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Veteran Village Voice photographer Fred W. McDarrah died in his sleep at home in Greenwich Village early Tuesday morning. He was 81.
Over a 50-year span, McDarrah documented the rise of the Beat Generation, the city’s postmodern art movement, its off-off-Broadway actors, troubadours, politicians, agitators and social protests.
Fred captured Jack Kerouac frolicking with women at a New Year’s bash in 1958, Andy Warhol adjusting a movie-camera lens in his silver-covered factory, and Bob Dylan offering a salute of recognition outside Sheridan Square near the Voice’s old office.
Not just a social chronicler, McDarrah was a great photo-journalist. He photographed the still-smoldering ruins of the Weather Underground bomb factory on W. 12th Street. His unerring eye for gesture and detail caught lawyer Roy Cohn whispering what appeared to be tough orders in the ear of a young Donald Trump.
For years, McDarrah was the Voice‘s only photographer and, for decades, he ran the Voice’s photo department, where he helped train dozens of young photographers, including James Hamilton, Sylvia Plachy, Robin Holland and Marc Asnin. His mailbox was simply marked “McPhoto.”
An exhibit of McDarrah’s photos of artists presented last year by the Steven Kasher Gallery in Chelsea was hailed by The New York Times as “a visual encyclopedia of the era’s cultural scene.” It included candid shots of Janis Joplin, artist Jasper Johns, and avant-garde artist Charlotte Moorman.
Wayne Barrett Remembers McDarrah
In the days when politicians routinely let reporters and photographers inside their fundraising extravaganzas, Fred McDarrah never missed a fat cat with a fork or a knife in his hand. He got his camera right under their double chins. If they waved him away in anger, he took an extra shot. He circled the world of New York politics with me for two decades, responding to every brusque rejection with an irresistible charm and a grin wider than his lens. It wasn’t just that Fred loved to photo the New York predator class and their political prey, he understood who they were and what they wanted. He collected names and public price tags as well as pictures. I remember standing with him in the rain outside Studio 54 for the birthday party of that infamous fixer Roy Cohn as we rushed toward every opening limo door, squeezing the story out of the street. I remember stakeouts that dragged on for hours and his edgy exuberance, a kid-like quality he carried with his camera into his 70s. Fred loved his town and his craft and his era and his family, and he has left a legacy of prints unparalleled in our time.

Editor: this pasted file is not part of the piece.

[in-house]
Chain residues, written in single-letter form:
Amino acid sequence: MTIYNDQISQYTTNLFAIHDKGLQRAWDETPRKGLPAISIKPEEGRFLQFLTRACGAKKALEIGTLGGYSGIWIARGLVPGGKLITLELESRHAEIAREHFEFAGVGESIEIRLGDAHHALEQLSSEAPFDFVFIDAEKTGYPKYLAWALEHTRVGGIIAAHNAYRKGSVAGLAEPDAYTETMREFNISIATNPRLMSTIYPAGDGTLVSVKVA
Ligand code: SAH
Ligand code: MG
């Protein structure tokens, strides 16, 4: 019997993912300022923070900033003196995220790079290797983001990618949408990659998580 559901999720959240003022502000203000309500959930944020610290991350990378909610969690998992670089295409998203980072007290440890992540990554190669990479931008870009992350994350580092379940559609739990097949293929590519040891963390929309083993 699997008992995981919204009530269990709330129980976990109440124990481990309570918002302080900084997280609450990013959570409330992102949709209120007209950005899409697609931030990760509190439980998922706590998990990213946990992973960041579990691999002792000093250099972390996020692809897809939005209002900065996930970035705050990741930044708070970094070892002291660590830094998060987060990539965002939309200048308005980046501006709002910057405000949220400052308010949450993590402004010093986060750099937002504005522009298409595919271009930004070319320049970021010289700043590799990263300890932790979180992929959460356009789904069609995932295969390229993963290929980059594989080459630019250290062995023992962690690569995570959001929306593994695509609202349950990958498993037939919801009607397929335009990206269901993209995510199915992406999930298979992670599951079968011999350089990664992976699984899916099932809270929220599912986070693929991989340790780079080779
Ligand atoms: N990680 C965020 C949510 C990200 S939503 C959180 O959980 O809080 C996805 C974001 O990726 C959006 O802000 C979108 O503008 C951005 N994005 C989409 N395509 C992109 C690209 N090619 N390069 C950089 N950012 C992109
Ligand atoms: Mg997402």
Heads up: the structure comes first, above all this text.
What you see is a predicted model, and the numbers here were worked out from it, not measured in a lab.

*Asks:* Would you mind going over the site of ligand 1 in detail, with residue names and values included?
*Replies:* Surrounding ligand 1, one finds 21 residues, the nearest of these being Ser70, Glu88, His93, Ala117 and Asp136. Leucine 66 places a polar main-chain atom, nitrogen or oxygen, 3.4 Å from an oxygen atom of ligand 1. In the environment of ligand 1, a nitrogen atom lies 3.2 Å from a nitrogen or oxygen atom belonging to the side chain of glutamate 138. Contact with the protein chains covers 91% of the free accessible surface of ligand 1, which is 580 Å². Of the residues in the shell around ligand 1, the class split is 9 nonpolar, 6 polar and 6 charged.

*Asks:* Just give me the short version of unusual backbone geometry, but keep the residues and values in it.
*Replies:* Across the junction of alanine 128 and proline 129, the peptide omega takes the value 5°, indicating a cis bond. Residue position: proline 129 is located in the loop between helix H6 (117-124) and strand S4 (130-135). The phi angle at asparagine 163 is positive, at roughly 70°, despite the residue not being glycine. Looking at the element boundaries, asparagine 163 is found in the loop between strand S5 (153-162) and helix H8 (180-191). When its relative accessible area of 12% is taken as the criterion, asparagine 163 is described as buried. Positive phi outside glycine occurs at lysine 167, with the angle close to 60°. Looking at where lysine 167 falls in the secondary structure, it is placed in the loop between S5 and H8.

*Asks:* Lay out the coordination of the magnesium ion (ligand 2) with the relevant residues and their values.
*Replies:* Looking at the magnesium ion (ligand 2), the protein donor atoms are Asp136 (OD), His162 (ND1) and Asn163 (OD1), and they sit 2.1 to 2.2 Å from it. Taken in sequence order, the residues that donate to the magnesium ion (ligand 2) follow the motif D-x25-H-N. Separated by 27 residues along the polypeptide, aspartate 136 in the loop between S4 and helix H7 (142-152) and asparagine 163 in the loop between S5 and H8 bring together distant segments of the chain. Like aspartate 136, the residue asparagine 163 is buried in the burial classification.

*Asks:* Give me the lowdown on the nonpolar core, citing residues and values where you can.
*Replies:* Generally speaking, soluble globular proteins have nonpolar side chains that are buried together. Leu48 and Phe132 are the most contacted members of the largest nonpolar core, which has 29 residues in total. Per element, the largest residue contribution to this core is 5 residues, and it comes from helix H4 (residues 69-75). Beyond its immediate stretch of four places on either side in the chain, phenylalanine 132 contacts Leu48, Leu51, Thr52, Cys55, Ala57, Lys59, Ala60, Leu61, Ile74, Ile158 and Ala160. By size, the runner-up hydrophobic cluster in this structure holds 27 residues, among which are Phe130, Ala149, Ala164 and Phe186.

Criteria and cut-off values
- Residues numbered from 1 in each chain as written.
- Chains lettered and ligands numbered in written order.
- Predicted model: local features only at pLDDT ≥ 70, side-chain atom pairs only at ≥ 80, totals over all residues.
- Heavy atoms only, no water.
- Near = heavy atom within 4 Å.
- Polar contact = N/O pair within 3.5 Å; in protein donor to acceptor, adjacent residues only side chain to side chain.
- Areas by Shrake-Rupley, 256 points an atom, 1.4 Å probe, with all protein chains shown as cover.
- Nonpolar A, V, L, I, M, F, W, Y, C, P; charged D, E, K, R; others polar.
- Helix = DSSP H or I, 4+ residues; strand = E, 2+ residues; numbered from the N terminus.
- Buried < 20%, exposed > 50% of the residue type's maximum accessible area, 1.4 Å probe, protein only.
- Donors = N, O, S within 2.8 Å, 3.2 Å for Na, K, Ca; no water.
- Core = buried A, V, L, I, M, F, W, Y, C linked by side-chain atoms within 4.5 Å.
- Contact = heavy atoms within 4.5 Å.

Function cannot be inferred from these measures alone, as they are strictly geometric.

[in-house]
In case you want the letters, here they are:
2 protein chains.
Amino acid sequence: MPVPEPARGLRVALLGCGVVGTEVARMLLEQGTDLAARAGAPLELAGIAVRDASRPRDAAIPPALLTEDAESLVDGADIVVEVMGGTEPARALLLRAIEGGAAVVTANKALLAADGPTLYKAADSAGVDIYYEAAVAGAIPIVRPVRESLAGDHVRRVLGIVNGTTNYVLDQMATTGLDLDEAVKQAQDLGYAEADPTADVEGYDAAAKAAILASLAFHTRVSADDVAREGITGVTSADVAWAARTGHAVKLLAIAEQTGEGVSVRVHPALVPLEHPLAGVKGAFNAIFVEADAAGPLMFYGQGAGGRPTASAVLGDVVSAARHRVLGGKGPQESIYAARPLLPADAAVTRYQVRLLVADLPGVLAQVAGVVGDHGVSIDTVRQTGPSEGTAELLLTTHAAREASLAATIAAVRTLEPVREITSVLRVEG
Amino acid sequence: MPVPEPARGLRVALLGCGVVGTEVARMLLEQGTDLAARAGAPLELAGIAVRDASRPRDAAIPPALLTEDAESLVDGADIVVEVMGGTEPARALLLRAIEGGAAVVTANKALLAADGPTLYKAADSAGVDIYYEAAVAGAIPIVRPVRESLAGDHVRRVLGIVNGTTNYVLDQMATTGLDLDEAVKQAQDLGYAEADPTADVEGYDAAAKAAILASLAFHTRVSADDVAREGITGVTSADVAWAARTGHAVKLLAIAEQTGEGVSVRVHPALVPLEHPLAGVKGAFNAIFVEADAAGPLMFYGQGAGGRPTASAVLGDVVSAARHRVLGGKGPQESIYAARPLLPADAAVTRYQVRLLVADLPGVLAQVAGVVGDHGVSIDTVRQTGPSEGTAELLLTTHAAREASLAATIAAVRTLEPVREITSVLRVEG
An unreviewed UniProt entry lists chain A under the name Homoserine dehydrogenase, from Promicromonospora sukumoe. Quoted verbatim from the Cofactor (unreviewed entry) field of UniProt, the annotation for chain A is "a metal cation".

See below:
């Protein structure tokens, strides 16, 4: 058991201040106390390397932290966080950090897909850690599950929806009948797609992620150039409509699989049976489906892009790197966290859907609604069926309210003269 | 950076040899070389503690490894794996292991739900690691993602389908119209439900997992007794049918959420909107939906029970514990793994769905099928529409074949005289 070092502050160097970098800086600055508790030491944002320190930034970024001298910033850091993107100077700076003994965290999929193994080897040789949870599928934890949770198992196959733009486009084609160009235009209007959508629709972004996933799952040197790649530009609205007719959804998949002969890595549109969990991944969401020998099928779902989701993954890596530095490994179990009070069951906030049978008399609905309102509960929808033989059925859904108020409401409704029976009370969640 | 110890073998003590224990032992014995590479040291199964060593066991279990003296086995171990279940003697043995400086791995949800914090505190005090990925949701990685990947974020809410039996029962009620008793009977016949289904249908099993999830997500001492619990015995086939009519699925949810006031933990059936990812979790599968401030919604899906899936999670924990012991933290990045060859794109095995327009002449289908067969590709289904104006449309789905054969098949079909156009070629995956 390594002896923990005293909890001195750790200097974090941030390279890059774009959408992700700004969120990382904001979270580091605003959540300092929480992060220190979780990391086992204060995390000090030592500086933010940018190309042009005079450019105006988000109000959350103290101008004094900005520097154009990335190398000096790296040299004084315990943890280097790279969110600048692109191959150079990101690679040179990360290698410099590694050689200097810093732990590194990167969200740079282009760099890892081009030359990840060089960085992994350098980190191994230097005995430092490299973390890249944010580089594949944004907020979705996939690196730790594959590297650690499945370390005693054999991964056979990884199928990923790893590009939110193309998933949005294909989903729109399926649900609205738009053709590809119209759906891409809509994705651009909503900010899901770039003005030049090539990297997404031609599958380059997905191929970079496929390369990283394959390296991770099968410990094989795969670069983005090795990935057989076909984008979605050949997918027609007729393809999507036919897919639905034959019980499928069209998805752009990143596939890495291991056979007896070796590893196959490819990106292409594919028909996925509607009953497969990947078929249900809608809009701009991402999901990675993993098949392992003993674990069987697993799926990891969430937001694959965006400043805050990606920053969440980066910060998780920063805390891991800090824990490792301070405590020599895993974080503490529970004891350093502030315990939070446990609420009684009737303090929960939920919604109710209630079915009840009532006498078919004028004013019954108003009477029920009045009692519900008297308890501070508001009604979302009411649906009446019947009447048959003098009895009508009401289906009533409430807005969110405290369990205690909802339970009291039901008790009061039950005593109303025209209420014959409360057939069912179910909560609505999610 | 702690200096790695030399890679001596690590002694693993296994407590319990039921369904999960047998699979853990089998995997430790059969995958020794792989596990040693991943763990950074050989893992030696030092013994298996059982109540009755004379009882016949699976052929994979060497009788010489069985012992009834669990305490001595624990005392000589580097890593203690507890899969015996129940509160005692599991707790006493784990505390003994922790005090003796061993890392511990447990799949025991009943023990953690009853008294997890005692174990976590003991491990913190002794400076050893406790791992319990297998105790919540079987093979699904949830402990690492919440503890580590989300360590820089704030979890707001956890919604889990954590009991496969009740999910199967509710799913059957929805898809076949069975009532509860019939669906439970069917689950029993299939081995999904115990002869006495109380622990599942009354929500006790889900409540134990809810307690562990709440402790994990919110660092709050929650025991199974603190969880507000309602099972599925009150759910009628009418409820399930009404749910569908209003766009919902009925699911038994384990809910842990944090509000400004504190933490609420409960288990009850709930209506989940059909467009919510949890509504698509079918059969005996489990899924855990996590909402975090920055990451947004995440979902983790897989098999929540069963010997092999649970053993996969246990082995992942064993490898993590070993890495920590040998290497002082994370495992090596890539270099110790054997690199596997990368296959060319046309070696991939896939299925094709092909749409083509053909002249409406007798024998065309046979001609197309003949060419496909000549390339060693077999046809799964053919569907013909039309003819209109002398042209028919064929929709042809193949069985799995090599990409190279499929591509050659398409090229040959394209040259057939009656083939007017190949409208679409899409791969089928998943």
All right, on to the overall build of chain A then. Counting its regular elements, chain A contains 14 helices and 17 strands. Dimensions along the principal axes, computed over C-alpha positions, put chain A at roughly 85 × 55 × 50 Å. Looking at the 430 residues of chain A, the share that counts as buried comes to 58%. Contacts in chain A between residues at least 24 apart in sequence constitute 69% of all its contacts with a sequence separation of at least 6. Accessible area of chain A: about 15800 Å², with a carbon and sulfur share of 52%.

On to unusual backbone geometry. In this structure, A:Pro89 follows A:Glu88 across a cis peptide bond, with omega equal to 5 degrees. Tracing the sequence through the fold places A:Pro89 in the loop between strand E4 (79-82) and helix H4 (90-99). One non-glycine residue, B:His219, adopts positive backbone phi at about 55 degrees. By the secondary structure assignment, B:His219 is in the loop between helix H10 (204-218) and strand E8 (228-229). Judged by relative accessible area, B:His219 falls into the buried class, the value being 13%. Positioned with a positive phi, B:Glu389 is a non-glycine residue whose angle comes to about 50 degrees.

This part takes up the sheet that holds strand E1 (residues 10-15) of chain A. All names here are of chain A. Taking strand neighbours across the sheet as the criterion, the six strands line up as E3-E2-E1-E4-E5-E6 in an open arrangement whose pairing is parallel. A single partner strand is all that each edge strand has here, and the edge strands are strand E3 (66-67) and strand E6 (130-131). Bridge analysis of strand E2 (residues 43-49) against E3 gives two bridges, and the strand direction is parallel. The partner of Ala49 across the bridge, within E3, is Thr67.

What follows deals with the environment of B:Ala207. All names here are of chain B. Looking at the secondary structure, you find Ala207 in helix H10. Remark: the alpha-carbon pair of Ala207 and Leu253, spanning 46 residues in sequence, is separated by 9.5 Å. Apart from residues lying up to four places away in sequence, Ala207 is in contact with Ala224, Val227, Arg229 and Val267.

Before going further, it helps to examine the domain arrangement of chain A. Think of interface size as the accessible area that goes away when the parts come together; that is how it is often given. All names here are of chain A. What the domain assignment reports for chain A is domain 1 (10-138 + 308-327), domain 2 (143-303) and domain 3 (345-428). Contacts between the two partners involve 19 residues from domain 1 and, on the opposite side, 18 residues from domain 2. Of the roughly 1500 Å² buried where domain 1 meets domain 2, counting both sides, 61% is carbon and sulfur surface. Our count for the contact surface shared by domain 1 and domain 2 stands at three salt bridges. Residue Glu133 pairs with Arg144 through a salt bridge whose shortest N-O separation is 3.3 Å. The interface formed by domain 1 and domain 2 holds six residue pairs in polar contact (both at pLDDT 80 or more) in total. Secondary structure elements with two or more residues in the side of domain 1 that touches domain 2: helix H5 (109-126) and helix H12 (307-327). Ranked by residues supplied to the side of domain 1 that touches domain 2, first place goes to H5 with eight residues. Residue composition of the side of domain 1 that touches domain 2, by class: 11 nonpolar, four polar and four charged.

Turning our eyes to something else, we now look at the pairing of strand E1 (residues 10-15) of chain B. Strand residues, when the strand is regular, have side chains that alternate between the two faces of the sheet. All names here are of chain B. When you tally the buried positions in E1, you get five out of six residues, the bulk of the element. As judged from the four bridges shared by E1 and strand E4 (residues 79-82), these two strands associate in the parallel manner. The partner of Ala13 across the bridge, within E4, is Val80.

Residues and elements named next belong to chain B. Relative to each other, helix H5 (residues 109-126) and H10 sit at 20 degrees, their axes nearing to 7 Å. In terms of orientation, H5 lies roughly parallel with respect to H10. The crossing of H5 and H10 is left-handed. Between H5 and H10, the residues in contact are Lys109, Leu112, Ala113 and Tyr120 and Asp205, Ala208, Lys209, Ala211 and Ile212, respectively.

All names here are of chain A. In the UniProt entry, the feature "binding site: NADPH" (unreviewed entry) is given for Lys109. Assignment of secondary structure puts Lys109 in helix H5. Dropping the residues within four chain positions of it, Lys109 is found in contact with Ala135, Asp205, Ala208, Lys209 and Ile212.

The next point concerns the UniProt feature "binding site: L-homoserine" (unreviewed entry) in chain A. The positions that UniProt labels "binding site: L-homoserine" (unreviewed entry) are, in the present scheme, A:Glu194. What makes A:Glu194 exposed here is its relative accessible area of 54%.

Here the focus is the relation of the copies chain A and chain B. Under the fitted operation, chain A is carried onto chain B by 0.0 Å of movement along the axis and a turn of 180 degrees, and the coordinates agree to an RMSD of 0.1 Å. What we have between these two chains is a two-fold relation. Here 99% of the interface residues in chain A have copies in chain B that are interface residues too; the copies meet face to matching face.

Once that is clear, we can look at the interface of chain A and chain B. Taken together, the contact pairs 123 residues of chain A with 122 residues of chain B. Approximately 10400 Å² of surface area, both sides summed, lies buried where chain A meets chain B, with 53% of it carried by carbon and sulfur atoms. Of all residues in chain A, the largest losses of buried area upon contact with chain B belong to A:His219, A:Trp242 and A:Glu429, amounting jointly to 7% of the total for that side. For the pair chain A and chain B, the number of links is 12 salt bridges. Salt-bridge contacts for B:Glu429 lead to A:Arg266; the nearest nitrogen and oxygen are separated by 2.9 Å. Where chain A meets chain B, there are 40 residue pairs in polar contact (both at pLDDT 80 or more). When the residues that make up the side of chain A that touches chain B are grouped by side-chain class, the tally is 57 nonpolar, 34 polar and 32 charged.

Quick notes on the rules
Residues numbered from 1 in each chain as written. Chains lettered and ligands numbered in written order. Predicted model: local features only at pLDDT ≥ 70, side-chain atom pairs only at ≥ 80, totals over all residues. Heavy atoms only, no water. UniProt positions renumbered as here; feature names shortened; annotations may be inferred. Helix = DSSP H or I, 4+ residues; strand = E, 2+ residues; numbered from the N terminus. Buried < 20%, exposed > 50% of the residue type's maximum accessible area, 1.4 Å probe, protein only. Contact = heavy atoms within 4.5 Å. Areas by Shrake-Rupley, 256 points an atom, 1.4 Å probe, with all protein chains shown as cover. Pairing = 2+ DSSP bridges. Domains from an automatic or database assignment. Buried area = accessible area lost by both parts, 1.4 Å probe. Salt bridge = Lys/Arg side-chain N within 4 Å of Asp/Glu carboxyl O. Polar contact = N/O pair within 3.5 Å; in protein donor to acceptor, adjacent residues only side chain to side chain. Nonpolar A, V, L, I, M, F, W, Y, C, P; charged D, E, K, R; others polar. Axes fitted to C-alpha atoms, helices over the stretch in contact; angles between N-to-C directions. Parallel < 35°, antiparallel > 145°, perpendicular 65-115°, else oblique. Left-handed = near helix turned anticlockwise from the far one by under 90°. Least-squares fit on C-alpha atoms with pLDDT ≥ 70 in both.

J. Hoberman Remembers McDarrah
Like anyone who ever looked at the Village Voice during the ‘60s, I was familiar with Fred McDarrah’s world—long before I met him. Fred spent that decade (and three more) documenting the city’s be-ins, demonstrations, peace marches, happenings, free concerts, coffee-house readings, loft performances, jazz bars, and underground movie emporia, not to mention the flotsam and jetsam of Sheridan Square, Bleecker Street, Avenue C, St Marks Place, and the Bowery. He was a real newspaper guy and a genuine historian of his times. His street and studio portraits of downtown artists, avant-garde luminaries, local pols and boho celebs were often definitive.
Fred was a feisty, wiry Son of Brooklyn who knew how to get to the front of a crowd, hold onto his light, and make the most of any given situation. In 1960, he invented a sort of human catering service called Rent-a-Beatnik. Did I say he was feisty? Fred wrote irate letters to the Voice editor both before and after he became the paper’s staff photographer. (A proud populist, he always took regular issue with film critic Andrew Sarris’s annual ten best lists.) Fred was free with friendly counsel and fiercely protective of his work, as I learned when I, as Village Voice greenhorn, I asked him on behalf of an avant-garde filmmaker friend, if she could use one of his best known photographs in her movie. Fred lost his smile and gave me an earful. (I considered it career advice.) And he was right, the work he furnished the Voice for pennies was only going to grow more valuable. Fred may have been a terrific journalist but, as he’d have been the first to tell you, he wasn’t a hippie.